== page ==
Each time I enter my local library, I’m struck by the multitude of avid students of all ages poring over bulky reference works and stacks of magazines in their research for essays, theses, dissertations, articles. The age at which the young tackle world problems such as ecology, abortion, women’s lib, pornography, and evolution seems to becomz steadily lower.
My fervent wish-one could even call it a prayer-is that these young innocents especially may find study sources that “tell it like it is,” the way you and I know that it is.… This, of course, leads to my question: Is Christianity Today in your library?
We’re already in several thousand libraries-but we should be in thousands more: high school, junior and senior college, university, city, town, country libraries. C.T. has long been indexed in the Readers’ Guide to Periodical Literature, the standard researcher’s guide. “Guide” users find C.T.’s writings on the issues of the day cited along with secular ones. But are they then able to find our magazine in the same library where they’ve found the reference?
Librarians recognize the need to provide a balanced fare, but may be unaware of the subtle shadings among journals officially called “Protestant,” “Catholic,” or “Jewish.” You and I know the poles of opinion represented in these broad categories! We know that if C.T. hasn’t made your library’s periodical shelf, impressionable young minds are being deprived of
“… a trans-denominational Protestant magazine which is for conservatives and evangelicals what The Christian Century is for liberals.… Generally considered the most articulate, significant, and intellectual magazine of its type.… Affirms Biblical authority but not in a hyperliteral way. To offer readers a balanced fare, should be in any library which receives the Century.”
To this quote from our editor-in Bill Katz’s Magazines for Libraries, on which most librarians rely in ordering magazine subscriptions-Mr. Katz adds his own affirmation: “Agreed!”
Do you agree, too? In our effort to introduce the faith we represent into the nation’s libraries, you could be our most valuable asset! Librarians respond to patrons’ suggestions, and the personal approach tends to be more successful than, for instance, the donation of a subscription. Gift periodicals are often filed away among all sorts of eccentric and irregular giveaways.
If you care enough to approach your librarian on behalf of CHRISTIANI~TODAY well mail you as many copies as you can use of our new LibraryFolder. It’s an attractive brochure that incorporates C.T.’s rather impressivestatistics, an excellent testimonial letter, and a letter to the librarian himself.
Who speaks for Christianity in your library? C.T. will-if you will!
Assistant Circulation Manager
1014 Washington Building
Washington, D.C. 20005
Ellul considers our age to be a peculiarly deprived, constrained, sad, and joyless one: his first two chapters deal with the closed world, irrationality, a sad youth, perverted values, loss of meaningful speech, intellectual sterility, scorn, suspicion, and derision (among other things) as characteristics of our age. In Part II he explores the modish diagnosis, “God is dead.” The diagnosis, he tells us, is false: God is not dead. But the situation is real—he has turned his back on us because of our faithlessness, and it does not seem possible to get him to turn to us again.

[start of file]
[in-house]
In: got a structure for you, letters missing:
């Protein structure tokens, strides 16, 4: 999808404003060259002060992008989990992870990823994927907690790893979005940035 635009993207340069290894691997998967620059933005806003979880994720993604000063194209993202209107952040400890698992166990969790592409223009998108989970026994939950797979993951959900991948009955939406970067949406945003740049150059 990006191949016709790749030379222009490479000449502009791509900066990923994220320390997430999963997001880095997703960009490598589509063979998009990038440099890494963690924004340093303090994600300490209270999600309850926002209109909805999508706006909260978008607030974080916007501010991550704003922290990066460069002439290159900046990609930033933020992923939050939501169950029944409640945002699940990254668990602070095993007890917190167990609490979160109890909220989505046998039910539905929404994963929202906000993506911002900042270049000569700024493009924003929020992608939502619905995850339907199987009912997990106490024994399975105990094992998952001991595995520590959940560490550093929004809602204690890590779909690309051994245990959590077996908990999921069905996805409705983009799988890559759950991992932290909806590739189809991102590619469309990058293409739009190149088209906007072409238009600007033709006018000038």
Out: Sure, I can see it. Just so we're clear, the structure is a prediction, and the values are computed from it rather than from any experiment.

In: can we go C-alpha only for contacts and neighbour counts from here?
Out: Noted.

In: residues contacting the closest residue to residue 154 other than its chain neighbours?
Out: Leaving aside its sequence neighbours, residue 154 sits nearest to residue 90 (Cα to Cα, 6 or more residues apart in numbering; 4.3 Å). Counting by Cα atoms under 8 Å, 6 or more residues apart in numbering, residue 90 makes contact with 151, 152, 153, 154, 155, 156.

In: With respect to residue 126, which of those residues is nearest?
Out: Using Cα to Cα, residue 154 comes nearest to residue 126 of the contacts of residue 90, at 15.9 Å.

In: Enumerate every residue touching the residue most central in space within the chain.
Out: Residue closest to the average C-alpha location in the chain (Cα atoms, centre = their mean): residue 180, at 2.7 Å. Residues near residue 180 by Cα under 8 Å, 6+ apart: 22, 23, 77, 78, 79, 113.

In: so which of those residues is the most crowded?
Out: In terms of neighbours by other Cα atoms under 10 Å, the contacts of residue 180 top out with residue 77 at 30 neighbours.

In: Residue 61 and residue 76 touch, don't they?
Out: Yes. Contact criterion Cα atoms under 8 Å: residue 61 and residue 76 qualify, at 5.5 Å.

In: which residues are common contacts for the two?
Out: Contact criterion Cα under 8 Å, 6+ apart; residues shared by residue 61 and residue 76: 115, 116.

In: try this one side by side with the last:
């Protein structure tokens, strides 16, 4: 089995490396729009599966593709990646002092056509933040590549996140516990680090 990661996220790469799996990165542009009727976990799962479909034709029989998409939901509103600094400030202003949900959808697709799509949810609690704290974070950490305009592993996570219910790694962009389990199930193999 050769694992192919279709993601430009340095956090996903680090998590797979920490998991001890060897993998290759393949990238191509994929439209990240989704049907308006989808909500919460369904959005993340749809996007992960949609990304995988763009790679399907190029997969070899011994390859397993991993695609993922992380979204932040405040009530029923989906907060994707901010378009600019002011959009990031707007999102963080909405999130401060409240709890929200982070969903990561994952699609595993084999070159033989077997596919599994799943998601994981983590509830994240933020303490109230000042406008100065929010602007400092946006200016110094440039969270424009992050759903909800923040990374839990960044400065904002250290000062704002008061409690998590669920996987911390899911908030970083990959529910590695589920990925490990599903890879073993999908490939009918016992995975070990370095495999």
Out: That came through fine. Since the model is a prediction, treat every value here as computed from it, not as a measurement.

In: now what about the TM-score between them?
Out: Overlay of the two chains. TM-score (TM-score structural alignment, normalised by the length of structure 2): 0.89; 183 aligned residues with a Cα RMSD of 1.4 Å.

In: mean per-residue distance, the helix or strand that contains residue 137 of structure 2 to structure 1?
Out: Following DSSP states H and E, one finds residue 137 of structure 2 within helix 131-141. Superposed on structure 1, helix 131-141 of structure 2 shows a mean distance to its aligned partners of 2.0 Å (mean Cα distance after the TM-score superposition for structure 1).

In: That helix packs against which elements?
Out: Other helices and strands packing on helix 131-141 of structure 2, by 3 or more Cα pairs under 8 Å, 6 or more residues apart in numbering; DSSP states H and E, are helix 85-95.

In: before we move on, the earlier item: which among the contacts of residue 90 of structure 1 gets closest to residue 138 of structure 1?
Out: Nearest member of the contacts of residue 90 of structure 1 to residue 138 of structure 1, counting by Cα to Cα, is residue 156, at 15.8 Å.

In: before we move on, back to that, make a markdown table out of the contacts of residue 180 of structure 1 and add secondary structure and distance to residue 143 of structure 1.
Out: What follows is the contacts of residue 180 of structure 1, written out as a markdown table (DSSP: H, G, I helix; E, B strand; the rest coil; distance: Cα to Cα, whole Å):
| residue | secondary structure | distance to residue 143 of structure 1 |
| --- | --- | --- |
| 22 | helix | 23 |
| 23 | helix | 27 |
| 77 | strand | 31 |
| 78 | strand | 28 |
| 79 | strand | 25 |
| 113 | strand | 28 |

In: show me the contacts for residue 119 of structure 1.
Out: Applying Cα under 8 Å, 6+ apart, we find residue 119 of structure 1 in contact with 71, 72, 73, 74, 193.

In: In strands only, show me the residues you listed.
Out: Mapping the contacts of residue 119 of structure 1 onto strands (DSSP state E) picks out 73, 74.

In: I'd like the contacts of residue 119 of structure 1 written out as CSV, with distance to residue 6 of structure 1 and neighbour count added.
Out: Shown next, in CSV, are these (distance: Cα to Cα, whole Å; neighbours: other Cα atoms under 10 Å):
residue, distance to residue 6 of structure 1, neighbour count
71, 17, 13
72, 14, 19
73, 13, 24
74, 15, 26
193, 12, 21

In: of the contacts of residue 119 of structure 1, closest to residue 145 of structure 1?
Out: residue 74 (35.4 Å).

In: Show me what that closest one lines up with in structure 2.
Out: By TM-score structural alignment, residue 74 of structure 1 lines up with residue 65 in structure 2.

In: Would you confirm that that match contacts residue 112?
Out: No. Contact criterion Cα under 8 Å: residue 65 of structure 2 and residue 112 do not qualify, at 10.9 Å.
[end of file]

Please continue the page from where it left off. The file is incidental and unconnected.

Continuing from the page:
Humanistic hopes are illusory, Ellul tells us again in Part III; the only really powerful hope is that which looks for a real, eschatological intervention by God. And yet it is precisely this hope that is so difficult to uphold, because God has apparently turned away from us. We must not, Ellul feels, take refuge in cheap spiritual tricks. He is critical of facile testimonies to God’s intervention, and of too much objectifying and concretizing of biblical promises, which he feels is a phony way out of what must be recognized as a real and durable spiritual dilemma.
In the last analysis, then, hope rests on three things: one psychic, waiting; one spiritual, prayer; and one intellectual, realism. We must be willing to wait, i.e., not demand instant answers; we must pray, i.e., ask for and expect God’s sweeping intervention; and we must be rigorously realistic, i.e., not bask in the illusion that life gets “sweeter every day, sweeter all the way” while we are waiting for God’s final answer. On the way, there may be “signs” of God’s interest. Because Ellul is so much in reaction against secular theologians such as Harvey Cox, who see so-called signs of God’s kingdom in ambivalent socio-economic developments, he downgrades the idea that God gives us any tokens of his coming final victory before the consummation.
Read as an argument against “immanentizing the eschaton,” namely the Utopian fallacy of thinking that we are on the point of achieving perfection here and now, Hope in Time of Abandonment is valuable. Unfortunately—perhaps because Ellul is so preoccupied with unmasking vain hopes—he is rather weak about the practical aspects of the true hope that he promotes. In his spiritual development he seems to have moved away from the sharply Barthian dialectical distinction of his earlier works (“God is in heaven, and you are on earth!”), with its implication that we must expect nothing tangible from God in the here and now, but only wait; this book, however, does not show the change. In his effort to show how many hopes are illusory and unfounded, he effectually if unintentionally shortchanges Christian hope, too, and seems to give the impression that of all the people in the world, only he is realistic and strong enough to see things as they really are. The diagnosis is good, but the cure looks a little too protracted.